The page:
Is the Modern Western Diet Doing More Harm to our Children?

by in Health


A recent study compared a group of children from Africa, who ate a mainly vegetarian diet and were breastfed for up to 2 years, with a group of children from Europe who ate a typical Western diet. What they found was how the children ate drastically affected their stomach bacteria.

The researchers compared children from one African village with those from one European town, looking at their typical diets and what types of bacteria grew within their stomachs. The children eating the typical Western diet, had more bad bacteria growing in their guts, the kind of bacteria that has been linked to obesity and allergies.

“The problem is we eat too much cheap, convenient food because it’s our lifestyle and that can contribute to allergies,” added Marianne Grant, a registered dietitian and health educator at Texas A&M Health Science Center Coastal Bend Health Education Center in Corpus Christi.

Having good bacteria in the stomach can help people digest and process the food their eat more easily. This can lower their chances of obesity and food allergies. This dependence on bacteria has already faced many changed during human evolution, such as at the beginning of agriculture and the recent development of antibiotics. The more recent changes in how many people in the world eat, with a prevalence on processed foods, may be attributed to the rise of allergic and autoimmune conditions.

The researchers from the University of Florence, Italy, studied children ages 1 – 6 years who had not taken antibiotics or probiotics for the previous six months. They chose a rural village in Africa that lived on a diet close to what Neolithic humans would have eaten. Their typical diet was cereals, legumes and vegetables with little meat protein. These children were compared to children in Italy of the same age. The Italian children ate much more sugar, fat and meat, and have an overall daily calorie rate nearly twice what the African children ate.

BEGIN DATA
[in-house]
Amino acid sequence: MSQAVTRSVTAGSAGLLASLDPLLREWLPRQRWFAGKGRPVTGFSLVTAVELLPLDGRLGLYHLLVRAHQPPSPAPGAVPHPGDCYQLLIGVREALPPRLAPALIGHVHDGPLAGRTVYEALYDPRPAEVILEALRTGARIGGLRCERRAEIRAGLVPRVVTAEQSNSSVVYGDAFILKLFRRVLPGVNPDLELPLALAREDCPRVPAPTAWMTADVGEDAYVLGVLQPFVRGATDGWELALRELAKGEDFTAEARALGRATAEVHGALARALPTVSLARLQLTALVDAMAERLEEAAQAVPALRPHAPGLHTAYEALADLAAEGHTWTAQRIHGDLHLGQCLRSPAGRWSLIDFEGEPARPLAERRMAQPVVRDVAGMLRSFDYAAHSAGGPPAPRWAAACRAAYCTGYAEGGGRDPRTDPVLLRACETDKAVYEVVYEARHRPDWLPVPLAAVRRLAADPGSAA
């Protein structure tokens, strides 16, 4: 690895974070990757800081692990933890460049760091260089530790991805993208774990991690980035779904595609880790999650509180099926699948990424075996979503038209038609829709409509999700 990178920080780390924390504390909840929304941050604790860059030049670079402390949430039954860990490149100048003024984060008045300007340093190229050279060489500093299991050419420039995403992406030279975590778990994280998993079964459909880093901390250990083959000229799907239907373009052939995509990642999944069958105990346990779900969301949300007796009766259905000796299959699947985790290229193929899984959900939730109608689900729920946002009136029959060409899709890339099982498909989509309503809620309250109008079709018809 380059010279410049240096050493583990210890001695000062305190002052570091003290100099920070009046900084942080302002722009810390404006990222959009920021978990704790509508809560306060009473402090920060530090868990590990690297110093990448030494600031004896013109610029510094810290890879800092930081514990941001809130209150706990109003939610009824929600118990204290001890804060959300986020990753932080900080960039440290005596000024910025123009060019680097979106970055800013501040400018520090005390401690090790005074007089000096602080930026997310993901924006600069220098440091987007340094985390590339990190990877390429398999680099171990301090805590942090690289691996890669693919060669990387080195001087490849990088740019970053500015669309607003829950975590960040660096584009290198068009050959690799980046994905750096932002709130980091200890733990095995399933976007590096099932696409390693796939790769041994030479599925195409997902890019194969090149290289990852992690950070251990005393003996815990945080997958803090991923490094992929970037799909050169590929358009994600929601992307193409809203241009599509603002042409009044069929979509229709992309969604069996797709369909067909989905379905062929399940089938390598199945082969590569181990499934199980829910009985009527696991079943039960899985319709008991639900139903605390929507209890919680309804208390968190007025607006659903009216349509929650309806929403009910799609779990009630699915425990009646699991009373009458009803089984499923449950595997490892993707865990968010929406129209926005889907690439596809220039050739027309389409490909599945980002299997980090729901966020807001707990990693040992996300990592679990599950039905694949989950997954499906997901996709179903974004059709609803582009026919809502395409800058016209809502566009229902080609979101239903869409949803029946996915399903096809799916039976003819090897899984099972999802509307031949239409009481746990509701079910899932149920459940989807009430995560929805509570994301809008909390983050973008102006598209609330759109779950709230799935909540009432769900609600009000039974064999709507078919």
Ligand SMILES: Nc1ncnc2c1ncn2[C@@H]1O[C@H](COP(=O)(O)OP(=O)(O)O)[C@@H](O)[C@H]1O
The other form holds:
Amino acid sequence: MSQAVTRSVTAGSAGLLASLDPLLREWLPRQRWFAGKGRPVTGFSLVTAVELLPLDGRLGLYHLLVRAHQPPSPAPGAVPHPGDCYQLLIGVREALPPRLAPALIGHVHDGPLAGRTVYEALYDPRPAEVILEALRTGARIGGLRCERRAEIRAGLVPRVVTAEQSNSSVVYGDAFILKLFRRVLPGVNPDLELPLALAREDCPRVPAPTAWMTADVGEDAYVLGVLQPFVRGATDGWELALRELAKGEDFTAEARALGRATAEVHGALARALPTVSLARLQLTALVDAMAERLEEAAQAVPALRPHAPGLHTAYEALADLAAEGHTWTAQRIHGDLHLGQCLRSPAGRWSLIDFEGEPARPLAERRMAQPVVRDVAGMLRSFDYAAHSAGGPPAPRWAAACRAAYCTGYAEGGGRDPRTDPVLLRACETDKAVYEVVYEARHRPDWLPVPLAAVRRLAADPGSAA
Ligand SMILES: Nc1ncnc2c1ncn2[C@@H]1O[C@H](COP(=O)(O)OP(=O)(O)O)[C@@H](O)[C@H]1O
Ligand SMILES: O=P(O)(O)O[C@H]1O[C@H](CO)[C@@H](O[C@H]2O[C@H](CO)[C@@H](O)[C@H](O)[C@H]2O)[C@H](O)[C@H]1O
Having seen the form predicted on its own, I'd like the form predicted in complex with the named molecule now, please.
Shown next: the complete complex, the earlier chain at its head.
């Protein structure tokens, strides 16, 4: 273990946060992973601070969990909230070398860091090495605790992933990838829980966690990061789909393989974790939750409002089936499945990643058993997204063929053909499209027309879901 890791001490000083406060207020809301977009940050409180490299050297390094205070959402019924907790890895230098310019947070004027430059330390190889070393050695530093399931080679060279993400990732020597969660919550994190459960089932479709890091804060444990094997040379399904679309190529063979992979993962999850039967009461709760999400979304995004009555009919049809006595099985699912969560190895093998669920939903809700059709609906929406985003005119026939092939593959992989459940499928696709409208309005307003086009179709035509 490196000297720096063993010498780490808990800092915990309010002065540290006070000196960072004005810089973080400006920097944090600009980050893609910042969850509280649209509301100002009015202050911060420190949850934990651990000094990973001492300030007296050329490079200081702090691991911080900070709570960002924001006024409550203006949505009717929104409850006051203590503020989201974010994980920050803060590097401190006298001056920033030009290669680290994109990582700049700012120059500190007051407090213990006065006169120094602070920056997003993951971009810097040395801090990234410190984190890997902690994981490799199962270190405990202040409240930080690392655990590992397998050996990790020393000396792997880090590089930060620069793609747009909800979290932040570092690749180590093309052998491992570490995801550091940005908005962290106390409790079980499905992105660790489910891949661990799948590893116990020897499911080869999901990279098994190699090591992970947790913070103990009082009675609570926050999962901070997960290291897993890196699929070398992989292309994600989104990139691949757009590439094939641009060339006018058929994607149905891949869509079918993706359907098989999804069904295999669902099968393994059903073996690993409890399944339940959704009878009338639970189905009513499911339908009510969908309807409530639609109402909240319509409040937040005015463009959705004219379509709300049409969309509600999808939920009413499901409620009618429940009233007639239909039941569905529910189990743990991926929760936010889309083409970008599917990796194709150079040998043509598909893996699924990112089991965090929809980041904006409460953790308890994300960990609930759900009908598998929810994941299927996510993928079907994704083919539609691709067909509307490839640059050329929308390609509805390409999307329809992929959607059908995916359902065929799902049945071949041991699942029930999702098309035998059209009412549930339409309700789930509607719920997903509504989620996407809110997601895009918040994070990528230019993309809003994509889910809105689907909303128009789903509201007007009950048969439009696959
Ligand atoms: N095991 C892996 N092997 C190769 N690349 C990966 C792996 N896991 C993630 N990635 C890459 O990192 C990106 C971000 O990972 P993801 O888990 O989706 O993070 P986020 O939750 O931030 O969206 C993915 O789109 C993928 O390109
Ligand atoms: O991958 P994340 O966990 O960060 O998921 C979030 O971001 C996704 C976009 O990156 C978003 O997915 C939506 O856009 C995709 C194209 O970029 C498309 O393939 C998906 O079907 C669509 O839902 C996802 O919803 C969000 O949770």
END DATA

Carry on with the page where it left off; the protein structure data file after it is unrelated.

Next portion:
“The [new study] didn’t shed a lot of new, new light, but it definitely verified that a difference in colonization is associated with a low-fat, low-sugar, lower-designer-food-type diet,” Ciani said.

“Our bodies are still stuck in hunter/gatherer day. We’re supposed to be eating more fruits and vegetables and we should be doing a lot of physical activity to compensate,” added Grant. “I tell people that if you want fried chicken now, you go to the drive-through and get it. If you wanted fried chicken then, you had to hunt, find the chicken, kill it, bring it back, pluck its feathers, clean out the innards and cook it. And if you wanted it fried, you had to have ground your own flour.”

This is not the first study to show the importance of gut bacteria on overall health. Previous studies have found that the bacteria found in infants can predict whether or not they have a higher risk of obesity later in life. A more natural diet that focuses more on fruits and vegetables, as well as long term breastfeeding for infants and toddlers, can help encourage the healthy bacteria we need to flourish. – Summer, staff writer

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About the Author

Summer is a mom of three, living life in the slow lane along historic Route 66. She writes, homeschools, gardens, and is still trying to learn how to knit.

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  1. My Childrens Furniture says:

    The problem with food these days is that it is far too easy to go to a fast food restaurant and be served and out of the door within 2 minutes. We should really take our time and sit down and make eating something fun where we can talk about things and get together, rather than something we have to do. I’m in the UK and our country’s typical diet is not the best but its not the worst. There is a big push within schools and sports clubs to get the kids to eat healthy as obesity is growing.

    I know that Italians eat pretty healthy compared to most countries, so it would be interesting to find out what bacteria are in the stomachs of children of other nationalities.

    Good topic!

    Dena

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